Budget 2013: my top five wish list

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Tax-free childcare looks like it will be the headline act in tomorrow’s Budget, but what about the small business community? Brian Palmer, Tax Policy Adviser at AAT and Managing Director of Palmer & Co, shares his top five Budget 2013 wish list

George Osborne hasn’t had the best run-in to this year’s Budget. The 4G auction has come in £1bn under budget and the UK has lost of its AAA credit rating. In short, the Chancellor is going to need quite a few rabbits out of the hat tomorrow lunchtime.

If reports are to be believed, tax-free childcare and the introduction of widespread Wi-Fi and mobile access on trains will grab the headlines tomorrow for their overt aim of boosting the economy. But what about SMEs? Here’s what would I like to see the Chancellor introduce.

1. Cash basis for small businesses

The intention of this legislation proposed in last year’s Budget was to help sole traders and micro businesses with a low turnover to use the cash basis for calculating profits. However, the Chancellor looks set not to permit those with trading losses in a tax year calculated using the proposed cash basis to offset them against their total income arising in the same year.

Instead he will be expecting businesses to calculate their taxable profit under existing rules in which they could claim relief to which they are entitled. This proposal which was heralded as a simplification measure seems destined to be hindered by red tape and is another piece of legislation that adds already to the complexity of the system.

2. Real Time Information (RTI)

The tax system is already complicated and many business owners are apprehensive about the changes to the PAYE system arising out of the introduction of RTI. I’m sure every small business would be overjoyed if George Osborne took notice of the massive administrative and costly burden that many SMEs face as a direct consequence of the changes that are now just around the corner.

It would be great to see changes to the Full Payment Submission requirement of filing ‘on or before’ the time of making payment. Ideally I think the small business sector would benefit if they were given seven days from the day of making payment to make submission.

An even more welcome change would be the dropping of the requirement to lodge a submission on every occasion of operating a payroll in favour of one monthly summary submission. To me, both changes would simplify the operation of payrolls under RTI and would serve to reduce the escalation of administration operators of payrolls will face as a direct result of the implementation of RTI.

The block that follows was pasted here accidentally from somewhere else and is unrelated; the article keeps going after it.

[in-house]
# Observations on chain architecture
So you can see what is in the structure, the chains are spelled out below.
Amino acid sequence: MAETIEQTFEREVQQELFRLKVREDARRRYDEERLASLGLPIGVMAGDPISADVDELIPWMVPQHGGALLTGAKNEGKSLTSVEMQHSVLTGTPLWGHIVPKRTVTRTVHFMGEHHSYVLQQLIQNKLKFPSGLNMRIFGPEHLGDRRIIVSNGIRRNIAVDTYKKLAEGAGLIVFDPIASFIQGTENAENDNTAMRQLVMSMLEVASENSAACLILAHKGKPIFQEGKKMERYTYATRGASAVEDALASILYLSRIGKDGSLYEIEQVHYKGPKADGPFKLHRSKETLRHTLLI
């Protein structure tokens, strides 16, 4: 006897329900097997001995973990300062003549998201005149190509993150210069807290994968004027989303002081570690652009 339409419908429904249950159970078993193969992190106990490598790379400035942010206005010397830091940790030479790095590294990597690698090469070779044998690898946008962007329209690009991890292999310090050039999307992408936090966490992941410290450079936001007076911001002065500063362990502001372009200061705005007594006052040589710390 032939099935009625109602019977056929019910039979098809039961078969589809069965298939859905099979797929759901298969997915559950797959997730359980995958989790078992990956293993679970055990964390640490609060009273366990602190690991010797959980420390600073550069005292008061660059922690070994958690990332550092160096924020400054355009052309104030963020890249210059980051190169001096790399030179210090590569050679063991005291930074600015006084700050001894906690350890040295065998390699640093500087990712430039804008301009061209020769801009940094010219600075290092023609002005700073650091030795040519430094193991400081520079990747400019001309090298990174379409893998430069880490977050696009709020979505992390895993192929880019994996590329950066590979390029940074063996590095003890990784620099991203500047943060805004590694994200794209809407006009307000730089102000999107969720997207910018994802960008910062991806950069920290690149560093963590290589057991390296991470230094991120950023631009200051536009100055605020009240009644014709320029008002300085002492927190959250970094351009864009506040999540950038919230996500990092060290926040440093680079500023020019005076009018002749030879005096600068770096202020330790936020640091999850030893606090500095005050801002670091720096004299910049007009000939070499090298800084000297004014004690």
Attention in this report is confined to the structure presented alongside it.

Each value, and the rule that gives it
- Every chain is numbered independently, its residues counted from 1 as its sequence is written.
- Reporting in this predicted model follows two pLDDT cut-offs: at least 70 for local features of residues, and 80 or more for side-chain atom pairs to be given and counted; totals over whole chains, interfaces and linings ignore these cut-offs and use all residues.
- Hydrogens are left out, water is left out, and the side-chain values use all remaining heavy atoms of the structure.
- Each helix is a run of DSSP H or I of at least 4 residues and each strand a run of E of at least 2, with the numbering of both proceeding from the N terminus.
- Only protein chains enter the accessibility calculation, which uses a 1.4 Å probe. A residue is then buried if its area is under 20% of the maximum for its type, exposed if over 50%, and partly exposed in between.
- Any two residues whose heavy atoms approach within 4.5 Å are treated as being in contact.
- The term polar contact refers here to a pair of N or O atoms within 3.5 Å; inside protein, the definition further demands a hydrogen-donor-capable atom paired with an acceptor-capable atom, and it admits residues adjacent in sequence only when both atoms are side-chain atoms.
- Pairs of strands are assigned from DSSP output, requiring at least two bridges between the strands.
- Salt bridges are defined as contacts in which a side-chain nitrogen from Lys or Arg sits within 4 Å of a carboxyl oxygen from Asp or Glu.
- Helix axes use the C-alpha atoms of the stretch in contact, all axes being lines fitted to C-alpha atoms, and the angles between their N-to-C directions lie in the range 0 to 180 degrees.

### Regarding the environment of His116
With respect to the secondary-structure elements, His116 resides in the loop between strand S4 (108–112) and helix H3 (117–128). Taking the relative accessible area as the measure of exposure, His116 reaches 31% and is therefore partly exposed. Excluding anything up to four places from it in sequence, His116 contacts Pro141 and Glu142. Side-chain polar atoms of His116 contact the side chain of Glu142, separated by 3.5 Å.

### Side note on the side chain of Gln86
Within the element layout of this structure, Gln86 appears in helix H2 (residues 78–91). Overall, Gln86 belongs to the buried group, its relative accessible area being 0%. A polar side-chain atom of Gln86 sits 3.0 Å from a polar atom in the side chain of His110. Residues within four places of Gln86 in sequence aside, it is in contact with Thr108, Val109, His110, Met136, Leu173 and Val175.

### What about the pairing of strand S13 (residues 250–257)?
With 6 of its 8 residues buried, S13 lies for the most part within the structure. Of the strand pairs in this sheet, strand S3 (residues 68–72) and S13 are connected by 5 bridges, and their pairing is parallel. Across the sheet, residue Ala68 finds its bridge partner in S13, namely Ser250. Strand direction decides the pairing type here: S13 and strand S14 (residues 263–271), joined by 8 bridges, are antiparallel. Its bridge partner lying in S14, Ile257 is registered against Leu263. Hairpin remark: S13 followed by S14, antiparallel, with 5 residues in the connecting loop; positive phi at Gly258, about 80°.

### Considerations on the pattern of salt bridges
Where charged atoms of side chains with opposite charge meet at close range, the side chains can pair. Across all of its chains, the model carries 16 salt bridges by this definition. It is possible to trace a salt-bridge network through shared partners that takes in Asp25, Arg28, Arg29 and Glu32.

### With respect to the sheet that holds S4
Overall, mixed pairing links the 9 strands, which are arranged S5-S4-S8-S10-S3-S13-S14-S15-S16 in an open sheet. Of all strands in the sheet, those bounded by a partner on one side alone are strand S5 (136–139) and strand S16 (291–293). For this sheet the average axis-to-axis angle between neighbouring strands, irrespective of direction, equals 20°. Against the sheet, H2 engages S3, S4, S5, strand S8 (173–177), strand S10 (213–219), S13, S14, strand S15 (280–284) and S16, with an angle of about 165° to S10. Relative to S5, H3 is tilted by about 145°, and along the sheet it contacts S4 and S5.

Watch Michael Steed MAAT talk about the implications of RTI

3. Increase capital to encourage SME growth

The biggest barrier to SME growth is lack of capital and lending made available by banks. The government and George Osborne have to raise the awareness of other finance initiatives available to the SME market so that entrepreneurs and start-ups feel invested in and we can encourage growth.

4. Approved Mileage Rates

With the cost of fuel reaching record high prices all business owners would welcome an increase in the approved mileage rates.  The ceiling for tax-free payments, or claims against business profits for the use of a personal vehicle, is currently set at 45p per mile for the first 10,000 business miles in a year and 25p per mile thereafter.

5. Capital Gains Tax

Another measure that would be welcomed as an economic stimulus would be the abolition of the 28% rate of Capital Gains Tax suffered by higher rate tax payers on chargeable gain arising from the disposal of non-business assets.  The higher rate charge introduced in June 2010 acts as a brake on holders of non-business assets disposing of them. The easing of the rate would help to free up the movement of capital.

Watch Michael Steed MAAT’s Budget 2013 predictions:

AAT will be commenting live throughout the Budget announcement this Wednesday on its Twitter account. AAT members can also access a range of responses and reactions on a dedicated Budget 2013 page.

Brian Palmer , former tax policy adviser for AAT..

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